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“Black Jesus,” Aaron McGruder’s new live-action comedy series premieres tonight on Adult Swim and there has been no shortage of complaints, critiques, and petitions launched because of the show’s controversial Jesus figure, but is this really new when it comes to depictions of black Jesus? Historically, black Jesus figures haven’t been well received in Hollywood and/or among critics and viewers whether he was satirical or serious. His peer, White Jesus–or as some know him “Pop Culture Jesus,” has enjoyed a better reception. From Seth McFarlane’s “Family Guy” to Mel Gibson’s “Passion of the Christ,” depictions of Jesus as more White or European have had their time in the sun as both serious and satirical. I searched all over to find black Jesus’s in cinema and on television and I couldn’t find nobody – to be more accurate, I could find many black Jesus figures, but here’s what I did discover:
In 1974, the first season of “Good Times” featured an episode with a ‘Black Jesus’ portrait that brought sudden luck to the Evans family. The portrait, painted by JJ with Ned the Wino posing as the Christ figure, had money flowing and prayers answered as soon as JJ hung it on the wall of the family’s apartment. This concept was entertaining, but it also implied that the historical Jesus, as we’ve known him, doesn’t have concern for black people, because if he did, then the prayers of this black family and others would be answered.
Nearly 30 years later, “Family Guy” introduced another black Jesus. The episode includes black Jesus telling a crowd in Jerusalem that he rode into the city on an ass… “Yo momma’s a**.” Although this was for entertainment purposes only, it also perpetuated the stereotypes of black people as a slick-talking, “dozens” throwing bunch.
On the contrary, there were two films that took Black Jesus more seriously.
In 1968, seven years before “Good Times” aired, Valerio Zurlini directed “Black Jesus” an Italian film based on the life of the first democratically-elected prime minister of The Republic of Congo (now the Democratic Republic of the Congo), Patrice Lumumba. Woody Strode played Lumumba, who was famous for his fight to save his imprisoned people. Lalubi, as Lumumba was called in the film, was thrown into prison with two white felons and the three endured torture while their fate was decided by a military regime. This context, Lalubi’s method of passive resistance, and his messianic complex brought the Black Jesus concept to life but the film never made it to the 1968 Cannes Film Festival because of the civil unrest in France that started in May of 1968.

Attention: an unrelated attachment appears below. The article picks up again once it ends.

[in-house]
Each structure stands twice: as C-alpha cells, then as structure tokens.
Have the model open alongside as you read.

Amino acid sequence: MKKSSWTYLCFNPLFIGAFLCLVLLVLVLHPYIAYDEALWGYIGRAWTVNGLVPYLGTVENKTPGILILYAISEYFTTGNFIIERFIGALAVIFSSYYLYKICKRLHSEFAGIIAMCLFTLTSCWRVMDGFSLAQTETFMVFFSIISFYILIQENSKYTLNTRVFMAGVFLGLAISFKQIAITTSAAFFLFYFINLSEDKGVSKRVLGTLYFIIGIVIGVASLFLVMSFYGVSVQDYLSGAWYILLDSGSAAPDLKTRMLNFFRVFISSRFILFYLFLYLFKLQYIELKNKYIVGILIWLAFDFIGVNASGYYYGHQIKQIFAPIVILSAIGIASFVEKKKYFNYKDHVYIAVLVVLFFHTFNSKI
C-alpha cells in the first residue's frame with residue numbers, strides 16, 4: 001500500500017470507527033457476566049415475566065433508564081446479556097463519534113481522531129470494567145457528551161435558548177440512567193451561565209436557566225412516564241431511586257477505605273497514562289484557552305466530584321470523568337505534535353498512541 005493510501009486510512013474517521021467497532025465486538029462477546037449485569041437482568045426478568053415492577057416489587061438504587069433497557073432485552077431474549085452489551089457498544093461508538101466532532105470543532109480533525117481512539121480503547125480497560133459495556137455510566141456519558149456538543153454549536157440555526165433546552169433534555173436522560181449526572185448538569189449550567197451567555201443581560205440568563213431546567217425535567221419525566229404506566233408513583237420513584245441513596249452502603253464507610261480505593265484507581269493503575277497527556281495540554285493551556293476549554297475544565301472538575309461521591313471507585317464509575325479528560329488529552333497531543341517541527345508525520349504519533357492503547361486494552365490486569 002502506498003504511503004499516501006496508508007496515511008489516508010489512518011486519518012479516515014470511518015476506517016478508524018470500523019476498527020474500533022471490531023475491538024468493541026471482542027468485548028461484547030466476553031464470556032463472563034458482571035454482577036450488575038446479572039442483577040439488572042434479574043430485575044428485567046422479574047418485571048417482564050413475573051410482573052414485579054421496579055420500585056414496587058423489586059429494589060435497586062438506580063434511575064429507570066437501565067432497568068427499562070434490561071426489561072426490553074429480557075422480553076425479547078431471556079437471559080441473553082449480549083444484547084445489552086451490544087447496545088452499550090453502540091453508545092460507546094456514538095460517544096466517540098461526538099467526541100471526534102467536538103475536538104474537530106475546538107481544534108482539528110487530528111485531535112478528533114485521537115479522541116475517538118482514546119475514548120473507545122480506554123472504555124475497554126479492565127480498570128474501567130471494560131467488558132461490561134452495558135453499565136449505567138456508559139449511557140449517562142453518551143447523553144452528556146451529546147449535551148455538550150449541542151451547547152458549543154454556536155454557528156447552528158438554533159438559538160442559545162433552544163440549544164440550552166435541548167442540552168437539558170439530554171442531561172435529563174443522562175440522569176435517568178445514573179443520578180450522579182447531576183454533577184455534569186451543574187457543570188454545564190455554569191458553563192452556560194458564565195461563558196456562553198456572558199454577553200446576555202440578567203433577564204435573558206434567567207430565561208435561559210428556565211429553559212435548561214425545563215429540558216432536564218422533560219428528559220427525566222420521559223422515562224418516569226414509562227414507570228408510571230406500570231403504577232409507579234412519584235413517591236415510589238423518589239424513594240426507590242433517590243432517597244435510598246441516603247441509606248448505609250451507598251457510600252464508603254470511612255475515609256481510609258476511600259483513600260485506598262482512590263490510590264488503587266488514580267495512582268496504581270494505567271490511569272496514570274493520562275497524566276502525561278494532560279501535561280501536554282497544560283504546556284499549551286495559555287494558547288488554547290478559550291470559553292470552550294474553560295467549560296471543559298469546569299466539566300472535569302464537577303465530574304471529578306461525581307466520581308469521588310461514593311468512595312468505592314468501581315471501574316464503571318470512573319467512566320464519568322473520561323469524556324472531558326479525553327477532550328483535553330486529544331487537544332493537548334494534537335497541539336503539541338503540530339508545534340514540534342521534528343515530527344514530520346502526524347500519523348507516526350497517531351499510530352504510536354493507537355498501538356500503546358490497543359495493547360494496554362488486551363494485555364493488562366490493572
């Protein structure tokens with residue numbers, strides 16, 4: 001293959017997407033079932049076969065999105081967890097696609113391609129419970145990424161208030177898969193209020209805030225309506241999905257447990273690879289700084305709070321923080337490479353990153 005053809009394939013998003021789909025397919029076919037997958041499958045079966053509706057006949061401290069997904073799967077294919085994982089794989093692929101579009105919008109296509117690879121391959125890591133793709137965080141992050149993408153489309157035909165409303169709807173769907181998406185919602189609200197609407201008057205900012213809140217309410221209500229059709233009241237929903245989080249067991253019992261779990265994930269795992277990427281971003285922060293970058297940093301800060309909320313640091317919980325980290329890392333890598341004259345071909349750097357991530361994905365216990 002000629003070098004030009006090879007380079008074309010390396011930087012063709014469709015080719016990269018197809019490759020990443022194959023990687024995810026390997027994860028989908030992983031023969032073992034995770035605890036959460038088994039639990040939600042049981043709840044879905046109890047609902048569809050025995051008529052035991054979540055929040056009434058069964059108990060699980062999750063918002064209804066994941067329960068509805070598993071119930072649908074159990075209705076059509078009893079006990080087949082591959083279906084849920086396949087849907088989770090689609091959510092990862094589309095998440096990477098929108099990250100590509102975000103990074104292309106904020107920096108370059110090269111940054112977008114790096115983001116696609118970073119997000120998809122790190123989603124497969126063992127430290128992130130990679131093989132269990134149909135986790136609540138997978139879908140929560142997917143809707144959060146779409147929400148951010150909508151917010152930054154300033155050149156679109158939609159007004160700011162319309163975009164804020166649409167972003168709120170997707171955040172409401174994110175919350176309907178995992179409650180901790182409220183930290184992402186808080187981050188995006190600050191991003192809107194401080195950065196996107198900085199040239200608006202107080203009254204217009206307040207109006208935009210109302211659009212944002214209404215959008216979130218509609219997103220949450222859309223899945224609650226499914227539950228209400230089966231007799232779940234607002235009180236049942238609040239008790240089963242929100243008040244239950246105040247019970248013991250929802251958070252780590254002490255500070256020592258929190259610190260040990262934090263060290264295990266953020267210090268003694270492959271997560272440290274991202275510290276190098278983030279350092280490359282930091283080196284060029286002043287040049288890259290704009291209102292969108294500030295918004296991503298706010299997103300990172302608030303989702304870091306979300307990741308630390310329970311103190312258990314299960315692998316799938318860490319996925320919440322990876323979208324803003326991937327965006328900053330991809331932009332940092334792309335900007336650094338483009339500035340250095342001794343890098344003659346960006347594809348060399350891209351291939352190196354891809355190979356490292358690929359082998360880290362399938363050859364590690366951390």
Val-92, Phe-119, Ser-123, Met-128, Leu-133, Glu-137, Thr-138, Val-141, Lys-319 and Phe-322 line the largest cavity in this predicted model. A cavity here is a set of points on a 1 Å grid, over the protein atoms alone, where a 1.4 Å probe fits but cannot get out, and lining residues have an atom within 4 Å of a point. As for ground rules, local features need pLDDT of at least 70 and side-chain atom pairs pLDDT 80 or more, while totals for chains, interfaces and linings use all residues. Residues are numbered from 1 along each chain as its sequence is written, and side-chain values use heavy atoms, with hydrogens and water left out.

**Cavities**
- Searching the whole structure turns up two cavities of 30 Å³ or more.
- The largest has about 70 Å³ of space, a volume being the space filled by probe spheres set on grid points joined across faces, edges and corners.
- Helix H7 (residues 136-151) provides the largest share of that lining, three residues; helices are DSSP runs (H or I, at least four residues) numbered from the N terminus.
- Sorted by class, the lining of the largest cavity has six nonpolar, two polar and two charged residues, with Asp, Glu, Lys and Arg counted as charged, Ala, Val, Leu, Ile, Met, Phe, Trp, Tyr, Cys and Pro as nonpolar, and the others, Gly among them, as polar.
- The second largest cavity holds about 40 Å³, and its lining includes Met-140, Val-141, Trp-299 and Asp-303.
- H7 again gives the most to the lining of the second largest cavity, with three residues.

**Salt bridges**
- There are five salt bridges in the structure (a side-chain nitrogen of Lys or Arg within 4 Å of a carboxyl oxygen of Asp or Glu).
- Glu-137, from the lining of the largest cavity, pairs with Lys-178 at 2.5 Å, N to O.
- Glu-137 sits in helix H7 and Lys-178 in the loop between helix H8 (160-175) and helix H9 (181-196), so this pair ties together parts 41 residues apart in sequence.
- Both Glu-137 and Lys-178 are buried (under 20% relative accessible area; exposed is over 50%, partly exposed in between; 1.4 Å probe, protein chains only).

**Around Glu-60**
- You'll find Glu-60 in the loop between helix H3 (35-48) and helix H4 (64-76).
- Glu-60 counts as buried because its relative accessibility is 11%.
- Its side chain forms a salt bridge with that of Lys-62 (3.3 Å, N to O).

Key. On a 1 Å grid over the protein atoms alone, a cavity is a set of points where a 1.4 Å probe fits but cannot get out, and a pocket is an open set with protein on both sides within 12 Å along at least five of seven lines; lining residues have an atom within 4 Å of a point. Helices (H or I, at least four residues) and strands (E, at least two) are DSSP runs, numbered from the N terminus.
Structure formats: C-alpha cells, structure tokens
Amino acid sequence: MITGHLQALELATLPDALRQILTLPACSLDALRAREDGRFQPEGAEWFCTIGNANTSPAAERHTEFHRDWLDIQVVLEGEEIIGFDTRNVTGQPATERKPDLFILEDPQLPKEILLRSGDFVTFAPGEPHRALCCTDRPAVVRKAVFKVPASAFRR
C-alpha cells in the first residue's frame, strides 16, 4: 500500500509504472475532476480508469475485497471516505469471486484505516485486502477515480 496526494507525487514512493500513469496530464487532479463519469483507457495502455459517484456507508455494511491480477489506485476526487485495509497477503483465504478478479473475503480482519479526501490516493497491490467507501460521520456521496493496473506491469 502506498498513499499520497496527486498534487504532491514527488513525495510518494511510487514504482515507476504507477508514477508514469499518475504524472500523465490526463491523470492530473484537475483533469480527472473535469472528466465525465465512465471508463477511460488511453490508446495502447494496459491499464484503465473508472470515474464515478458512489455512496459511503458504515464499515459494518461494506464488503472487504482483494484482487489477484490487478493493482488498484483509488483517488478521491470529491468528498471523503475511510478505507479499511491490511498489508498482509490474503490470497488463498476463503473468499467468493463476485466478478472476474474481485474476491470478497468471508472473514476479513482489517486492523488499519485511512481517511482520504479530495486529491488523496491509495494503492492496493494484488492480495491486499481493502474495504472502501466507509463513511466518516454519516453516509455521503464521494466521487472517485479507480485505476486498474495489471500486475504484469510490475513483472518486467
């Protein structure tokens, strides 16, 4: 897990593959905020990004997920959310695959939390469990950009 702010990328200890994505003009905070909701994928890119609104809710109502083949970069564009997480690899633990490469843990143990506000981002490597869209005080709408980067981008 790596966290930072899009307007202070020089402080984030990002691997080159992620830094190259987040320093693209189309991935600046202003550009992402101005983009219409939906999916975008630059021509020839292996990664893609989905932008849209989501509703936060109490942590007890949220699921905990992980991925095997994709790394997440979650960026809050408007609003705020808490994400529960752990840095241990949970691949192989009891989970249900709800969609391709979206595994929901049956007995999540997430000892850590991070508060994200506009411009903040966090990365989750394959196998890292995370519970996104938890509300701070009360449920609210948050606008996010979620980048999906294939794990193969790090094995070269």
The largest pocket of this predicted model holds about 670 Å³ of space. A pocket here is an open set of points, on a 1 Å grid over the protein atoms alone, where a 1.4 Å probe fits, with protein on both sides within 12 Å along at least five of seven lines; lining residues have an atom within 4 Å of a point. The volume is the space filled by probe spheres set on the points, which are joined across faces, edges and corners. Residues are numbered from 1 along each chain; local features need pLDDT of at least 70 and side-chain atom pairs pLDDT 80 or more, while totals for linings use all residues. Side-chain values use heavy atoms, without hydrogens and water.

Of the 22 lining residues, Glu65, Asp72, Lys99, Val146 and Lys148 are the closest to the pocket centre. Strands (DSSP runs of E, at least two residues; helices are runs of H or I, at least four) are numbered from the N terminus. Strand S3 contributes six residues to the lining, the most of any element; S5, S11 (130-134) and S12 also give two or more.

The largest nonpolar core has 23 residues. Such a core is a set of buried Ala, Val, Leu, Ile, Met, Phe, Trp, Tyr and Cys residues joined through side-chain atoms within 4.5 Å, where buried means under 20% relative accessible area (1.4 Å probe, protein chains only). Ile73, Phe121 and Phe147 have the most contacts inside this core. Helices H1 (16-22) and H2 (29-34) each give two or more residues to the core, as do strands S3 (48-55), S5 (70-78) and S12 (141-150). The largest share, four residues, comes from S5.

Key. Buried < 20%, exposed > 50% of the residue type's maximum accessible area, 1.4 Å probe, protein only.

Nearly four decades after “Black Jesus” was produced in Italy, and just two years after “The Passion of the Christ,” “Color of the Cross” was produced in the United States. Jean Claude LaMarre wrote, directed, and starred in this 2006 film, which he calls the “first black Jesus movie ever made.” In an interview with MTV, Lamarre said – in reference to Mel Gibson – “he was a little off with the casting. Jesus should have been a little darker. So we felt we should help him in correcting that minor detail.” The independently-produced film starred Debbi Morgan (“Love and Basketball”) and David Gianopoulos (“Air Force One”) and was similar to “Passion of the Christ,” in that it sought to portray Christ’s final days on Earth in a graphically realistic way. However, “The Passion of the Christ” received much praise for Jim Caviezel’s portrayal of Jesus, and the June 2006 issue of Entertainment Weekly (2 years after the film’s release), called “Passion” the most controversial film of all time. On the other hand, “Color of the Cross” received a negative reaction overall due its low budget and poor quality. A reviewer from New York Times, said “Color of the Cross, a low-budget re-imaging of Christ’s final days, makes a big deal out of the relatively tame suggestion that Jesus was black.” Not to mention, not once has “Color of the Cross” been discussed in any circle I frequent. So, the one time a black Jesus was portrayed just as Jesus is seen in the Bible, the feedback is negative and no one discusses it – ever. This is what McGruder’s “Black Jesus” is up against.
Tonight, McGruder’s Black Jesus will grace our television screens. He’s a streetwise, trash-talking, foul-mouth son of “The Man” with a ministry that is more hip-hop than ecclesial according to DeWayne Wickham, dean of Morgan State University’s School of Global Journalism and Communication. Wickham is in favor of keeping “Black Jesus” on the air with the hopes that Black Jesus might convert more than he has confused over the past few weeks. Only time will tell if “Black Jesus” bears fruit.